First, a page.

More specifically, the objectives of this study were to explore to what extent do the following variables explain engagement in Facebook groups: sex, personality traits (extroversion/introversion, openness to experience, neuroticism, agreeableness and consciousness), level of offline activity of the same topic and group importance.

Literature review

The literature specifies a variety of factors that come into play when people determine their engagement (Amichai-Hamburger et al., 2016; Gazit et al., 2018; Sun et al., 2014). A survey that distinguished between posters and lurkers in professional virtual communities revealed different motives for posters and lurkers. Posters displayed a positive correlation between their attitude towards sharing knowledge and enjoyment in helping others. For lurkers, a positive correlation between attitude towards sharing knowledge and perceived ease of use was found (Hung et al., 2015). Bronstein et al. (2016) found, also through a survey, that motivations to participate were mediators between variables like openness to experience or offline activity and participation level in various virtual platforms.

The current research delved into closed Facebook groups, figuring the factors behind engagement through the combination between a survey (demographic factors, personality factors, offline activity and group importance) and actual coding (level of engagement). Facebook groups are defined as 'spaces where you can share things with the people who care about them most' (Facebook newsroom, 2012). Indeed, being in an online group strengthens the members' mutual identity and enhances their self-esteem. It allows them to express themselves in a way that has no parallel any other environment (Amichai-Hamburger and Hayat 2017; Wong et al., 2017).

Sex and psychological traits

Nonnecke’s (2000) study claimed that there are a proportion of individuals who are predisposed to lurk and those who are predisposed to post. Concerning sex, women tend to use Facebook more than men (Hargittai, 2015). They update more their profile photos, change their statuses more often (Wang et al., 2012), write more public posts and use social network sites to preserve social relationships more than men (Muscanell and Guadagno, 2012). Women also report higher collective self-esteem in a group than men (Barker, 2009).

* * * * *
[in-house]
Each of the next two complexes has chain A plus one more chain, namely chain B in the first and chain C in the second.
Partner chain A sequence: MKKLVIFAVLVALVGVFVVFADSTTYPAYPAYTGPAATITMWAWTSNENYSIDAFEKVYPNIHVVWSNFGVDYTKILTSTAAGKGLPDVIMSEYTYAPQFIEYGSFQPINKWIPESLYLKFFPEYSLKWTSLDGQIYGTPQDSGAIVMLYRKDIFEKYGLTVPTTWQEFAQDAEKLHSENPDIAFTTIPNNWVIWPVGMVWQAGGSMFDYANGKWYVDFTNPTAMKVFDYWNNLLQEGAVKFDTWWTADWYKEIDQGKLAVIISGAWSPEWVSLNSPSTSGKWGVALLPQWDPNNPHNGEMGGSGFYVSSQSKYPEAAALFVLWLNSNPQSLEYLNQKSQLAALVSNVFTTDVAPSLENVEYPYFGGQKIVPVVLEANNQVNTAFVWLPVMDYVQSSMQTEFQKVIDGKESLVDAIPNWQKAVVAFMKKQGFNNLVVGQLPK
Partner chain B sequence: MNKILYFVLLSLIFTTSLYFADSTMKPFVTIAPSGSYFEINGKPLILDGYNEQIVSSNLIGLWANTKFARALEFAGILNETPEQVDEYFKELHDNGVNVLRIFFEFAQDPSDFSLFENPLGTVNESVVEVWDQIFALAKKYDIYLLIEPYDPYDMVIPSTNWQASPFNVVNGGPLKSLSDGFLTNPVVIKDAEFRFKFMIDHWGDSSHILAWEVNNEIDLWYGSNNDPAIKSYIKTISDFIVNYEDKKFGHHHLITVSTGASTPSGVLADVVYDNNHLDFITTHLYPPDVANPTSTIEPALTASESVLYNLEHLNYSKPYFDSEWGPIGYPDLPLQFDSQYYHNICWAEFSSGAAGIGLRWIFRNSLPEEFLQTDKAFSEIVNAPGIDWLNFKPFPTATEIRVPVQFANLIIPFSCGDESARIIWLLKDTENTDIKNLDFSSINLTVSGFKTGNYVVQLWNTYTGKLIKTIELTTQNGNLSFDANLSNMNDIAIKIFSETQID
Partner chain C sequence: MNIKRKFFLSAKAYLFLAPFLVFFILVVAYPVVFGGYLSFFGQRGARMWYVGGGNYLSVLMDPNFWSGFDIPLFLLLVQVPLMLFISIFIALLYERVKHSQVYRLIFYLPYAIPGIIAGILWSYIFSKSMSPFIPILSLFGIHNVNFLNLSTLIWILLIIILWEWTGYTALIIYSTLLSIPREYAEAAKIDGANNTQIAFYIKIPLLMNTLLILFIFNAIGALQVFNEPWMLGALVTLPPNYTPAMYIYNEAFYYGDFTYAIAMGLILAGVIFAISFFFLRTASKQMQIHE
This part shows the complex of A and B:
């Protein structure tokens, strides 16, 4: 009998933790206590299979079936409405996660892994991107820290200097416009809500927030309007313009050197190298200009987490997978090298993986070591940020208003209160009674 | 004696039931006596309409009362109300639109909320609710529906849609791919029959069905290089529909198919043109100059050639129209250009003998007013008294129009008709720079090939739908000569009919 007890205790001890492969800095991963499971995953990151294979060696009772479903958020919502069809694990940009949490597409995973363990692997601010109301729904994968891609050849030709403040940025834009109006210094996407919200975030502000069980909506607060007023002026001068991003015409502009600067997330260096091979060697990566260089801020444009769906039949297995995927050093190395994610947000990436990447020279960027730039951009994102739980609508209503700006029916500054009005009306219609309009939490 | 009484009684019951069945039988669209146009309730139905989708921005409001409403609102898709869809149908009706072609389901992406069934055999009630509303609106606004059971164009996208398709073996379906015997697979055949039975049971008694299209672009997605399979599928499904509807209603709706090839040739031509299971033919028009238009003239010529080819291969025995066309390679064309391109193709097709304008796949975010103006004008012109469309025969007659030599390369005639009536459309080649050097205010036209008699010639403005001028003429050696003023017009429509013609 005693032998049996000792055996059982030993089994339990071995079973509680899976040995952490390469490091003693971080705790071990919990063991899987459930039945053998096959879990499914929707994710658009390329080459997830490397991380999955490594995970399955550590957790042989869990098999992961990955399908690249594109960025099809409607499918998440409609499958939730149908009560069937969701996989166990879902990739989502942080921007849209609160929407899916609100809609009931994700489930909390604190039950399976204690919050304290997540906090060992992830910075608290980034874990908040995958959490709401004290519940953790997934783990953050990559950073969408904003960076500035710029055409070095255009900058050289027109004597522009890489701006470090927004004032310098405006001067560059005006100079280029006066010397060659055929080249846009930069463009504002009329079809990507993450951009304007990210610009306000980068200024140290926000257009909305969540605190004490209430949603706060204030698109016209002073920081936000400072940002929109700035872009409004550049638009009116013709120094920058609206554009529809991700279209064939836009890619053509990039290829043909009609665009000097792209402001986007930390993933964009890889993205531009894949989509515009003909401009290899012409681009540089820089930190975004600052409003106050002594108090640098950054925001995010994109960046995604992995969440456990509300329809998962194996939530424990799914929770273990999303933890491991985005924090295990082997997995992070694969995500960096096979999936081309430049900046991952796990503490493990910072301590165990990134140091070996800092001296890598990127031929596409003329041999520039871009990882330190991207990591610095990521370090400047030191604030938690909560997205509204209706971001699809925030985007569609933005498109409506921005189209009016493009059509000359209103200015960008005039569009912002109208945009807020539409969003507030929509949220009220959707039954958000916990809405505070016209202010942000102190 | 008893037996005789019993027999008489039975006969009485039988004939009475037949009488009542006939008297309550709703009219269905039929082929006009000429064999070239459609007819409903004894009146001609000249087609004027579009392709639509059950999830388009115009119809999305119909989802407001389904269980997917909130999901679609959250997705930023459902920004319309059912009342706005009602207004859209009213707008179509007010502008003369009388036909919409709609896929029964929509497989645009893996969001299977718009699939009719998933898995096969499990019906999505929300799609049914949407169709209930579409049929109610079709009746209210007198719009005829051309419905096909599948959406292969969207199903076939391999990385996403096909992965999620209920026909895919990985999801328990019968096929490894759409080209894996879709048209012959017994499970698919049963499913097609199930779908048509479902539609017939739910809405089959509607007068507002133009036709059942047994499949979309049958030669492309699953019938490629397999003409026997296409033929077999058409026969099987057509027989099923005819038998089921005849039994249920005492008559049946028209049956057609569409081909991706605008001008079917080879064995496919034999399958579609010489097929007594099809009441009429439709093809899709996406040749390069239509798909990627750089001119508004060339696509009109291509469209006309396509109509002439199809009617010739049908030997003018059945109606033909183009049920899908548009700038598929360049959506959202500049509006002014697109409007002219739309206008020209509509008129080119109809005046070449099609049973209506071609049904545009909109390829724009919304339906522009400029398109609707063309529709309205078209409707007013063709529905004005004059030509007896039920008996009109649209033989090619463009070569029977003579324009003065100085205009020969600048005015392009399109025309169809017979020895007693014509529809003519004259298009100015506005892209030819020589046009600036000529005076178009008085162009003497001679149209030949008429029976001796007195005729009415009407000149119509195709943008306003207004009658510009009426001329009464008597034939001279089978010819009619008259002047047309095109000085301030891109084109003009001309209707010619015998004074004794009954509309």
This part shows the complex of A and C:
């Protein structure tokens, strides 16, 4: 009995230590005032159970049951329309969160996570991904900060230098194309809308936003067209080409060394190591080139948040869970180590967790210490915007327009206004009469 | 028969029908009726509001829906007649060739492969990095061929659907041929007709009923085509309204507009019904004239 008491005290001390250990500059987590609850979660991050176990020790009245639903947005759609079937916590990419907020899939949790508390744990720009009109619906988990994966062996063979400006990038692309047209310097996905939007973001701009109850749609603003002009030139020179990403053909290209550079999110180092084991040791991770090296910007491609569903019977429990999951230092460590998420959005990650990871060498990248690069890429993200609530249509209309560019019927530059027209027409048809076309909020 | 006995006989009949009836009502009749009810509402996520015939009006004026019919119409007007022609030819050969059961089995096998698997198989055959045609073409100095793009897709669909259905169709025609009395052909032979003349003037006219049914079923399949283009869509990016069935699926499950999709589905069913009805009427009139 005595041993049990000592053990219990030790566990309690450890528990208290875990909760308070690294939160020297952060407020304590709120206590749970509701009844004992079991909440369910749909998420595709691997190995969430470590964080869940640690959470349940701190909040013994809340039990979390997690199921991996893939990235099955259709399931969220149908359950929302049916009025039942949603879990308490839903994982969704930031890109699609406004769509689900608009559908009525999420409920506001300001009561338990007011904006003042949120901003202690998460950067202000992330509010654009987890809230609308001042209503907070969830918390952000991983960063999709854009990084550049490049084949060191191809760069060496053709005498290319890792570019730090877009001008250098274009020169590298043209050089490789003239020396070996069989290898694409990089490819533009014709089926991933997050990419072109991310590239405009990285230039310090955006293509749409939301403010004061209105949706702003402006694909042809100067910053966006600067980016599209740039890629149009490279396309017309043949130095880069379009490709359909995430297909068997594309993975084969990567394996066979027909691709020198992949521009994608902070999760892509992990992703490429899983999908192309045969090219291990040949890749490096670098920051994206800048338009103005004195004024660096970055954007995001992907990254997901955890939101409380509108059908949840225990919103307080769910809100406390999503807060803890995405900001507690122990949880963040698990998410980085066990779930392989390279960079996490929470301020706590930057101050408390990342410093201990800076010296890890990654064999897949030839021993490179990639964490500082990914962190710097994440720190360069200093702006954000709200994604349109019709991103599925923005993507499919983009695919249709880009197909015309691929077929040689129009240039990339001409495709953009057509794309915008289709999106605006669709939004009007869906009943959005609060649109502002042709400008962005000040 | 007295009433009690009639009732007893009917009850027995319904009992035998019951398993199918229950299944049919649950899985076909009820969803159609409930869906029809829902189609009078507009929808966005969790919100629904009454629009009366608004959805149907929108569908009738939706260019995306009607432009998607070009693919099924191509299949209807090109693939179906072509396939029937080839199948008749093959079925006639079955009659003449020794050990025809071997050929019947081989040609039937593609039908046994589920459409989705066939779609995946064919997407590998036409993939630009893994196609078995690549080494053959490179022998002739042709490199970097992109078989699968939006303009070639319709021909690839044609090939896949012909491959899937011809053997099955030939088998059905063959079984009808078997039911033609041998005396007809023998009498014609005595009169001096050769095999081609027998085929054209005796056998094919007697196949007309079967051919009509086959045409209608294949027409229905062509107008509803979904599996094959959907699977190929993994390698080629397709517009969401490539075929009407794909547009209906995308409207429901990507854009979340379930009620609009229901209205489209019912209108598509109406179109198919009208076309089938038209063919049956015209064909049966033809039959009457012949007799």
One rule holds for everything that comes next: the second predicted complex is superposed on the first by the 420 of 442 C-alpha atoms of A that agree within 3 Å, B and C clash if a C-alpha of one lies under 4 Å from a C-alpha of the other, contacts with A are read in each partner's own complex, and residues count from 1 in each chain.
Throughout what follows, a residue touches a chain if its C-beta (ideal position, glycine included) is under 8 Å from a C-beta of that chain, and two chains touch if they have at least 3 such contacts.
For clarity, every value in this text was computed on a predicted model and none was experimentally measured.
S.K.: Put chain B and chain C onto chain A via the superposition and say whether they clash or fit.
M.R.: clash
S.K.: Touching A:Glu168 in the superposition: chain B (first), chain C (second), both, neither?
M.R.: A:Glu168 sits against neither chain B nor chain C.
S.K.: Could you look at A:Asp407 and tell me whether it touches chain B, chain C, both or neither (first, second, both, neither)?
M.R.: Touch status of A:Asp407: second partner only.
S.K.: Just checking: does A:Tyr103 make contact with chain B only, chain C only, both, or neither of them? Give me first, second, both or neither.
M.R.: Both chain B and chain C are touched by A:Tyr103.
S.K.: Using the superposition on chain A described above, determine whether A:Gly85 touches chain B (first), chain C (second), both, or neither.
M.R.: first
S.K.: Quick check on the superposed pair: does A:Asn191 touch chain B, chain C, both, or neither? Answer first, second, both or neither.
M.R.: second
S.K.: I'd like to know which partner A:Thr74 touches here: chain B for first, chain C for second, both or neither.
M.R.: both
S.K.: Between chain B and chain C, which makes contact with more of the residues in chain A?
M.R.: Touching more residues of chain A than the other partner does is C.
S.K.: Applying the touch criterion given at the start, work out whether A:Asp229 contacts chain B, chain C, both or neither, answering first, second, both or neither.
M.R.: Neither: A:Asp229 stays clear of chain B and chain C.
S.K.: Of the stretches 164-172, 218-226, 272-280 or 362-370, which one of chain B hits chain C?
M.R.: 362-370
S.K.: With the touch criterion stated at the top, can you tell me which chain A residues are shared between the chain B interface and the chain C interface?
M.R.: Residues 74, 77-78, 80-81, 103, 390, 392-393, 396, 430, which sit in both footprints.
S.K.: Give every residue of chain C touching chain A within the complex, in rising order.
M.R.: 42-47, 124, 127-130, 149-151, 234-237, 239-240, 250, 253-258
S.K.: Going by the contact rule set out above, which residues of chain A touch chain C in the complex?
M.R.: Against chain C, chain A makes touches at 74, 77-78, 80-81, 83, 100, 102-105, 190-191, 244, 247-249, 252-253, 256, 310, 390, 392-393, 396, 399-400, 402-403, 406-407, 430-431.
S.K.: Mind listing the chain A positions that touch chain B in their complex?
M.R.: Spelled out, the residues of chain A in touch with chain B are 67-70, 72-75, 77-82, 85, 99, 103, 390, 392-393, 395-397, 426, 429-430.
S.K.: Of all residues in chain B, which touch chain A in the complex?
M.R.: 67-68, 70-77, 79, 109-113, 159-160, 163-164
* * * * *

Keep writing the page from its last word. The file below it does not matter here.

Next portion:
Concerning psychological traits, Cullen and Morse (2011) suggested that different personality traits are related to different motives to become active members of the online community. Previous studies have found a relationship between personality traits (McCrae and John, 1992) and participation behaviour (Gazit et al., 2019; Amichai-Hamburger and Vinitzky, 2010). Openness to experience and extroversion are particularly conspicuous: it was found that individuals who display a higher level of openness to experience in their personality traits engage more in online groups and extroverted people engage in social media sites (Gazit and Aharony, 2018; Gazit et al., 2019) and in Facebook chat rooms (Hong et al., 2014) more than introverts. However, other studies suggested that introverted individuals would be expected to display higher levels of online engagement than in face-to-face personal interactions. This is particularly true when they interact in an anonymous environment in an attempt to meet their social and intimacy needs (Amichai-Hamburger et al., 2016). Even though most Facebook profiles present full and true identification of the users (Facebook newsroom, 2018), in Facebook groups members do not necessarily know each other, which might make them feel that they are in a more anonymous and protected environment. Hence, the uniqueness of the Facebook groups environment re-raises the question of the relationship between personality traits and engagement.

Offline activity and group's importance

Research has shown that users of social media sites tend to replicate the behaviour that they exhibit in face-to-face interactions (Amichai-Hamburger and Hayat, 2013). Indeed, a previous study found that the more active people are offline, the more active they will be in online groups (Bronstein et al., 2016). The link between offline and online behaviour might be the importance of the subject (Gazit, 2017). The importance of a group is defined as being associated with respondents' feelings about the significance they attributed to the group in their daily routine (Aharony and Gazit, 2016). Amichai-Hamburger et al. (2016) suggest that when individuals feel that there is no match between them and the group, they are unlikely to remain active within it. Rafaeli et al. (2004) found that to be more active, one should feel very comfortable with the group. Another study found that if participants receive a response to their first post, they are likely to participate again (Joyce and Kraut, 2006).